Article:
Further to this, if tempting doesn’t work, then we do have to consider initiating syringe feeds to get food into him. In that case, you may want to try try Hill's A/D (LINK) from your local vet. This is a critical care diet that is comes as a soft, palatable pate. It is calorically dense, so a little goes a long way nutrition-wise and this could just help get some more calories into her even if we can’t get a huge volume of food in. As well, for syringing food, you can use the animal version of Ensure (balanced for animals dietary requirements) called Clinicare Canine/Feline Liquid Diet (LINK)). It is actually by the same people who make Ensure, but is formulated to meet out pet's dietary needs. Your vet should be able to order it for you but it is available without a prescription (some pet stores and even Amazon stock it as well). They also make one specifically for older cats with kidney troubles, and this could be an alternative for a cat his age.
Once we have some food in, you can then consider restarting the Onsior. If he hasn't had much response to it, then you will want to speak to his vet tomorrow about alternative pain relief for him but for the moment you can try using this again to ease at least some of his pain until he is seen. You can also start the ArthriAid now as well. The hope is that if we can at least address as much of his soreness as safely as possible until you can have you vet check him over and adjust his pain relief.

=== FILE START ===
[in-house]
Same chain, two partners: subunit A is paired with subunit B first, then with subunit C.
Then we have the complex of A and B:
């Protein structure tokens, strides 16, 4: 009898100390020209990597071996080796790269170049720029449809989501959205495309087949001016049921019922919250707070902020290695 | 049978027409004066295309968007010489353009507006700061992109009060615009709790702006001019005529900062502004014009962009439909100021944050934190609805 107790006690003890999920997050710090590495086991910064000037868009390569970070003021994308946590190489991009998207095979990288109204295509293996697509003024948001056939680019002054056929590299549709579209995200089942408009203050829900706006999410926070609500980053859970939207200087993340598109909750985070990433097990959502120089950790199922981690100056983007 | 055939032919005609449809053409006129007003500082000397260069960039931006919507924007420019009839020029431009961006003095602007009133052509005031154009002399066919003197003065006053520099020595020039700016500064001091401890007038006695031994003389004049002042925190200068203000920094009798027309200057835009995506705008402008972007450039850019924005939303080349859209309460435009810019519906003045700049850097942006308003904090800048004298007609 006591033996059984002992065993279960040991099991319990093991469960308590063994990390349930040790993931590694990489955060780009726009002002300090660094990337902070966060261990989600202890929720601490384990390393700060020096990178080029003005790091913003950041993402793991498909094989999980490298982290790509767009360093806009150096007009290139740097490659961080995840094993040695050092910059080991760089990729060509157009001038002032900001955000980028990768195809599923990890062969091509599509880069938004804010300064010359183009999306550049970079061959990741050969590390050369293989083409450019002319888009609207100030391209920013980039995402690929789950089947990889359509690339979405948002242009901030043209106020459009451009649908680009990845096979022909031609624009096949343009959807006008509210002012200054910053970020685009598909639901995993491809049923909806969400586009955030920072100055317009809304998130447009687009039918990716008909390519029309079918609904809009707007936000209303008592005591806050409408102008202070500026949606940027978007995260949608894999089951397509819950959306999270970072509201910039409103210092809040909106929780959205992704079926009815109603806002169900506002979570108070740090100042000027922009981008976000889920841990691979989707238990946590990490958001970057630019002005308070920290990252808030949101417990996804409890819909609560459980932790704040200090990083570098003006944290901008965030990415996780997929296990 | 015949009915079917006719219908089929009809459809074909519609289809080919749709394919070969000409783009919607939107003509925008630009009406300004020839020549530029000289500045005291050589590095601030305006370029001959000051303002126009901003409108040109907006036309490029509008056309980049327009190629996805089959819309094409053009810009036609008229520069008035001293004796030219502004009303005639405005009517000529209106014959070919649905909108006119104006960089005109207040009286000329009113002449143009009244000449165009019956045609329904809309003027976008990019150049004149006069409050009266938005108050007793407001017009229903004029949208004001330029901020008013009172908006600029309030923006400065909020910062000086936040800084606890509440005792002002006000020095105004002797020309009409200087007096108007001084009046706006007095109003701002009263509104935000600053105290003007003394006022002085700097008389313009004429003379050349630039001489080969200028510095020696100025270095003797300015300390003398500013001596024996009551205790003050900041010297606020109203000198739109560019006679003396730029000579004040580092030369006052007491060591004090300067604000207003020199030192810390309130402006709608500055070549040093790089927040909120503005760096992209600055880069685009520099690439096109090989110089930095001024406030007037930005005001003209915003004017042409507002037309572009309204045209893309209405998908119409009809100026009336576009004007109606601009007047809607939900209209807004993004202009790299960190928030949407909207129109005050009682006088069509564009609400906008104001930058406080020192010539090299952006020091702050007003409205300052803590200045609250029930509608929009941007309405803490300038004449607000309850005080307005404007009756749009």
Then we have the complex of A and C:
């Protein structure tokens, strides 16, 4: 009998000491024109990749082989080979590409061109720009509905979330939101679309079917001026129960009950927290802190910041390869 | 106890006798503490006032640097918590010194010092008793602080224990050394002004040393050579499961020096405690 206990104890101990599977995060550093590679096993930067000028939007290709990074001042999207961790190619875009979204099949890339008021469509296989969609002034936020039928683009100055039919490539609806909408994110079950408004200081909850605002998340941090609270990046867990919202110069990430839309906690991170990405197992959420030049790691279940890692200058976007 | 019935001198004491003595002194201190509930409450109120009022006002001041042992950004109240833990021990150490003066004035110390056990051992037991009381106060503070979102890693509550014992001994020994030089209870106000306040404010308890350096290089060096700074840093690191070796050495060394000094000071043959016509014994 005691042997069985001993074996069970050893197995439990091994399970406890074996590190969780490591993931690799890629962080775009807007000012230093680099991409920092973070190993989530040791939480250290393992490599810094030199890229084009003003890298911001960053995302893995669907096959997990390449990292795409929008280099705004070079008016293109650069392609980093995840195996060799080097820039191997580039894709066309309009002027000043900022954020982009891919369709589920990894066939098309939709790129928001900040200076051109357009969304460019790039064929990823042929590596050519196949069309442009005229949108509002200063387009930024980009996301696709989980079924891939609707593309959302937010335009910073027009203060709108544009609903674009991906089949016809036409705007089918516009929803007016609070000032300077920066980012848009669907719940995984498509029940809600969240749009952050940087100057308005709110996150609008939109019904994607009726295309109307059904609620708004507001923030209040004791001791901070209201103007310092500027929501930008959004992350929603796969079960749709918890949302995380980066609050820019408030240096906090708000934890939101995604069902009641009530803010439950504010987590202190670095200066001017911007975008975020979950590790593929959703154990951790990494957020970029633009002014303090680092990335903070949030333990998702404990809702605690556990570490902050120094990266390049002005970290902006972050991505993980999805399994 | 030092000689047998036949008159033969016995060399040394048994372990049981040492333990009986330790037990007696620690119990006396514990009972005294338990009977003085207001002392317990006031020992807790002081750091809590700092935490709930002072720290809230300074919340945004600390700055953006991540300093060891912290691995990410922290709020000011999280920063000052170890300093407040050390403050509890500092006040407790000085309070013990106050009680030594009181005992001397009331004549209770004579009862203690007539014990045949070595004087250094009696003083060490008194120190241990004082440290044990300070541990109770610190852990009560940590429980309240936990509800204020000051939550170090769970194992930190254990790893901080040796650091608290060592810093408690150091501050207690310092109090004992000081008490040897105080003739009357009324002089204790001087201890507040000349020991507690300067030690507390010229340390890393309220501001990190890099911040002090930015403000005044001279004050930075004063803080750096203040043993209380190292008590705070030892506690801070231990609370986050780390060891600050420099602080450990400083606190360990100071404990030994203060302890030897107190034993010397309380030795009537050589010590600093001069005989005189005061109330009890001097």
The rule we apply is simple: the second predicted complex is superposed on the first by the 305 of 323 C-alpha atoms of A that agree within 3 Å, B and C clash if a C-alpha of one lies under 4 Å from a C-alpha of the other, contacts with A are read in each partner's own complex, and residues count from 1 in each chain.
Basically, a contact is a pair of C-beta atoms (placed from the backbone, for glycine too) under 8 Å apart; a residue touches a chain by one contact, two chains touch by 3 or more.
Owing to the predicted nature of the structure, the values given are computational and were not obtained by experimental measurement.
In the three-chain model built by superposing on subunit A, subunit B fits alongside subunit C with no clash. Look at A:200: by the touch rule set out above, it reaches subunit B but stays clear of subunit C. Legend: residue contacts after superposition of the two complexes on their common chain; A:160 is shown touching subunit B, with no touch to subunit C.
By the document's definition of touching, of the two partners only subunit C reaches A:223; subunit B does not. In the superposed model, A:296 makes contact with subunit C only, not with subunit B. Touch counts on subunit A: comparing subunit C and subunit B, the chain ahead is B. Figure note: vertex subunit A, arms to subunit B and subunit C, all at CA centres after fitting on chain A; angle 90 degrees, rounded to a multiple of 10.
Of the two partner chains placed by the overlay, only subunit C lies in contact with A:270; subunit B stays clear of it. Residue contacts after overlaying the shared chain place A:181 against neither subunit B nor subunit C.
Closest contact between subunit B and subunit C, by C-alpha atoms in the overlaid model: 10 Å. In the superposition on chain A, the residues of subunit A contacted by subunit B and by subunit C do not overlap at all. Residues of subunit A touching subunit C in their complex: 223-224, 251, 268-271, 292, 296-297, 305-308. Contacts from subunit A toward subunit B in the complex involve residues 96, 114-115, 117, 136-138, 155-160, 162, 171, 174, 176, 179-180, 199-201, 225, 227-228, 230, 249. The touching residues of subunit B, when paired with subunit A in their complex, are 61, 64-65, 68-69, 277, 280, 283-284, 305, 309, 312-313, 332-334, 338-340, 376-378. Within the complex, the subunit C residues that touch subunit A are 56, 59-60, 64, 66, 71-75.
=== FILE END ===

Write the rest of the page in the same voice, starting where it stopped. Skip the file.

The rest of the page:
Finally, since you noted needing to syringe fluids into him, I do want to just quickly advise on how to monitor him for dehydration. To check this and make sure he is not becoming dehydrated there are a few things we can test at home. One is whether the eyes appear sunken, if the gums are tacky instead of wet/moist, and whether he has a "skin tent" when you lift the skin. To see how to check these parameters for dehydration, you can find a wee video on this HERE. ( They use a big dog but it makes it easier to see and the principles are exactly the same) If you are seeing any signs of dehydration already, then you do want to have him seen by the vet before this gets any further out of control.
And just to note, since you are syringing fluids, his daily allowance you would need to syringe would be 48ml per kilogram of his body weight daily. This, of course, needs to be divided over multiple offering over the day.
Overall, just as you suspect, all his signs are suggestive of pain post-procedure. His signs are telling us that despite it being a fairly non-invasive procedure that he does have some soreness, possibly from the stretching and positioning during the x-ray. At this time, you will be limited in what you can do at home to address this but to start we want to settle his stomach to get him eating and drinking better for you and then get that pain relief restarted to at least offset some of his discomfort. Hopefully, as we do that, we can get Sockie as comfortable as we can until his vet can reassess him first thing tomorrow and hopefully provide some pain relief that works better for your lad.
All the best,